And the earth below smiled back in all its radiance. So too the churning mass of the salty sea.
15: She [Persephone] was filled with a sense of wonder, and she reached out with both hands
to take hold of the pretty plaything. And the earth, full of roads leading every which way, opened up under her.
It happened on the Plain of Nysa. There it was that the Lord who receives many guests made his lunge.
He was riding on a chariot drawn by immortal horses. The son of Kronos. The one known by many names.
He seized her against her will, put her on his golden chariot,
20: And drove away as she wept. She cried with a piercing voice,
calling upon her father [Zeus], the son of Kronos, the highest and the best.
But not one of the immortal ones, or of human mortals,
heard her voice. Not even the olive trees which bear their splendid harvest.
René Girard has identified a recurring structure in myth called “the sacrificial crisis”. The sacrificial crisis occurs when good violence goes bad. The crisis is solved when the escalating crisis of bad violence is ended by a return to good violence. How does bad violence suddenly become good? It becomes sacred.
Sacred violence brings an end to the plague of bad violence. This occurs in the Homeric Hymn to Demeter. A rape goes wrong. Good violence goes bad. Kore is raped, but dies. The crisis of bad violence escalates as Demeter seeks revenge, slaughtering mortals.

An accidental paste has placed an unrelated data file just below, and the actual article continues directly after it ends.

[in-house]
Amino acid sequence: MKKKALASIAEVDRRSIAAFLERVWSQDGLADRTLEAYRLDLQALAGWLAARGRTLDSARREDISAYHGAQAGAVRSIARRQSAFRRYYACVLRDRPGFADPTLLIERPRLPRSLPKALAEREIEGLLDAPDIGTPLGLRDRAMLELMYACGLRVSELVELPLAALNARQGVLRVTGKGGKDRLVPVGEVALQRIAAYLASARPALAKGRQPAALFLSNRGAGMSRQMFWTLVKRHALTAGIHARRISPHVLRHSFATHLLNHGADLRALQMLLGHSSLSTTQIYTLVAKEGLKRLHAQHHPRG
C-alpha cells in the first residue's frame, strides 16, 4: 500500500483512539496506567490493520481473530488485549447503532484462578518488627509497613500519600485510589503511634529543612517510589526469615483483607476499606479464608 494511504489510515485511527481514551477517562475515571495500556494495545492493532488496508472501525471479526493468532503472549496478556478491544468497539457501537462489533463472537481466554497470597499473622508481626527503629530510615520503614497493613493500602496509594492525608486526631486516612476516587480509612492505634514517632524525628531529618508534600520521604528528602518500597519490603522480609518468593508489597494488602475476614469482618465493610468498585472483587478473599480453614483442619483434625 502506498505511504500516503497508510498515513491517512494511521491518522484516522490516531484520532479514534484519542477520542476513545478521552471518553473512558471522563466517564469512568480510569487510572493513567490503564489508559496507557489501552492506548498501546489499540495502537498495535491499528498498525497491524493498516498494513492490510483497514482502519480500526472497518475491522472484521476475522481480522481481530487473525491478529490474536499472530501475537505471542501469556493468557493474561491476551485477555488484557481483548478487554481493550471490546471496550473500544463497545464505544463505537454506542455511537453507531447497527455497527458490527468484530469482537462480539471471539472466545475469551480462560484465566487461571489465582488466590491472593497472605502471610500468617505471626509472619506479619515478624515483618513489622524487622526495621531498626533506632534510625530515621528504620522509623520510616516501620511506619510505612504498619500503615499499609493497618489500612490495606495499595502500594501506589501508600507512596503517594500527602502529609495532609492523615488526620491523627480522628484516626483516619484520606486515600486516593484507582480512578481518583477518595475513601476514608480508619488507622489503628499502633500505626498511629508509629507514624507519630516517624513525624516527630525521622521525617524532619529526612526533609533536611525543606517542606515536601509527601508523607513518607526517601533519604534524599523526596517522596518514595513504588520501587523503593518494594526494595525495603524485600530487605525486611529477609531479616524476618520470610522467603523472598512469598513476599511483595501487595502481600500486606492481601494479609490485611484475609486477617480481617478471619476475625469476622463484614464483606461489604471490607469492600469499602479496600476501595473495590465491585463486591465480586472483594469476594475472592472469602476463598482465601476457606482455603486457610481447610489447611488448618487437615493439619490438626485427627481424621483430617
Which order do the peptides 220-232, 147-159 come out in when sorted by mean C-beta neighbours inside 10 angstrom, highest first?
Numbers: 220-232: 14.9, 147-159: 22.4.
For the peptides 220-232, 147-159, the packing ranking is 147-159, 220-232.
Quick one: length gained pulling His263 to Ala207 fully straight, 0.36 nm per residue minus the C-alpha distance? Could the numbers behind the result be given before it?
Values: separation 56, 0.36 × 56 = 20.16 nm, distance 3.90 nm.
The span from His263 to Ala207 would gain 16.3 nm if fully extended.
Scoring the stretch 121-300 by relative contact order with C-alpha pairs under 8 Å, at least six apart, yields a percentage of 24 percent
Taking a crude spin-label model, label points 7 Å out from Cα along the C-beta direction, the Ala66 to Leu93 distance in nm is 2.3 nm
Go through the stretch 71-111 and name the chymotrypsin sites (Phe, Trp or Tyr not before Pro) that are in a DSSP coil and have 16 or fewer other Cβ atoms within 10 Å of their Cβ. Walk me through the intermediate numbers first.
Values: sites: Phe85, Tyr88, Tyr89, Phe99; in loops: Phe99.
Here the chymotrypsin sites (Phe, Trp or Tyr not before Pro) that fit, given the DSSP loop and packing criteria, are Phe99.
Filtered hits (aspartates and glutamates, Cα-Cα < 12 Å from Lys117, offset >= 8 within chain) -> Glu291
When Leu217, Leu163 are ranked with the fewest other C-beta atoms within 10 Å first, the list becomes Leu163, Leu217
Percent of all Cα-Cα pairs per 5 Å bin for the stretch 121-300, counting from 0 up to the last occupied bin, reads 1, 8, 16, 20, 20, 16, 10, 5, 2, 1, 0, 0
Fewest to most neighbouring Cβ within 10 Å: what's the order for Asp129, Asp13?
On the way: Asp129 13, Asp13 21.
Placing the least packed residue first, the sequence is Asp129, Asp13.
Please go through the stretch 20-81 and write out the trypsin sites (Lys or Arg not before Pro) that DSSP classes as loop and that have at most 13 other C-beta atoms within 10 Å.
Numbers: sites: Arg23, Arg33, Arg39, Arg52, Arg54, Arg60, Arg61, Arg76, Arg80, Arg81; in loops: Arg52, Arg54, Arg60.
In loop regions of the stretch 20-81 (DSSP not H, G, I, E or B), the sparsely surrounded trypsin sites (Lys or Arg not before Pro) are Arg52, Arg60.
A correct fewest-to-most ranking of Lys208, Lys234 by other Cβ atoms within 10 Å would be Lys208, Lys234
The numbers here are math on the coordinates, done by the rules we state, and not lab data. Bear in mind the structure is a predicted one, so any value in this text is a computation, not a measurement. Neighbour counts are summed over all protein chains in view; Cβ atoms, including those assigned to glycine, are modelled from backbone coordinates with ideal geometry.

The crisis is solved by the transfiguration of Kore’s rape and murder into a celebration and etiology of the harvest. Kore becomes Persephone, whose name means “the killer of suckling pigs.” The slaughter of pigs is the return to sacred violence. The sacred slaughter of pigs solves the problem initially created by the rape of Kore the khoiros.
Because of their reliance on this sacred violence, the Greeks did not view the rape of a young virgin in the same way we do. But we might think otherwise on account of Demeter’s reaction, the problem she has with it, as recorded in the Homeric Hymn to Demeter. Our outrage seems to find a parallel in Demeter’s outrage.
In the hymn, Demeter grieves for her daughter, and then she eventually forces Zeus into a compromise: namely, the seasonal return of Kore from the underworld. This compromise, coaxed from Zeus, is analogous to Demeter’s power to coax the grain from the ground every spring, and the hymn explicitly makes this grand etiological link.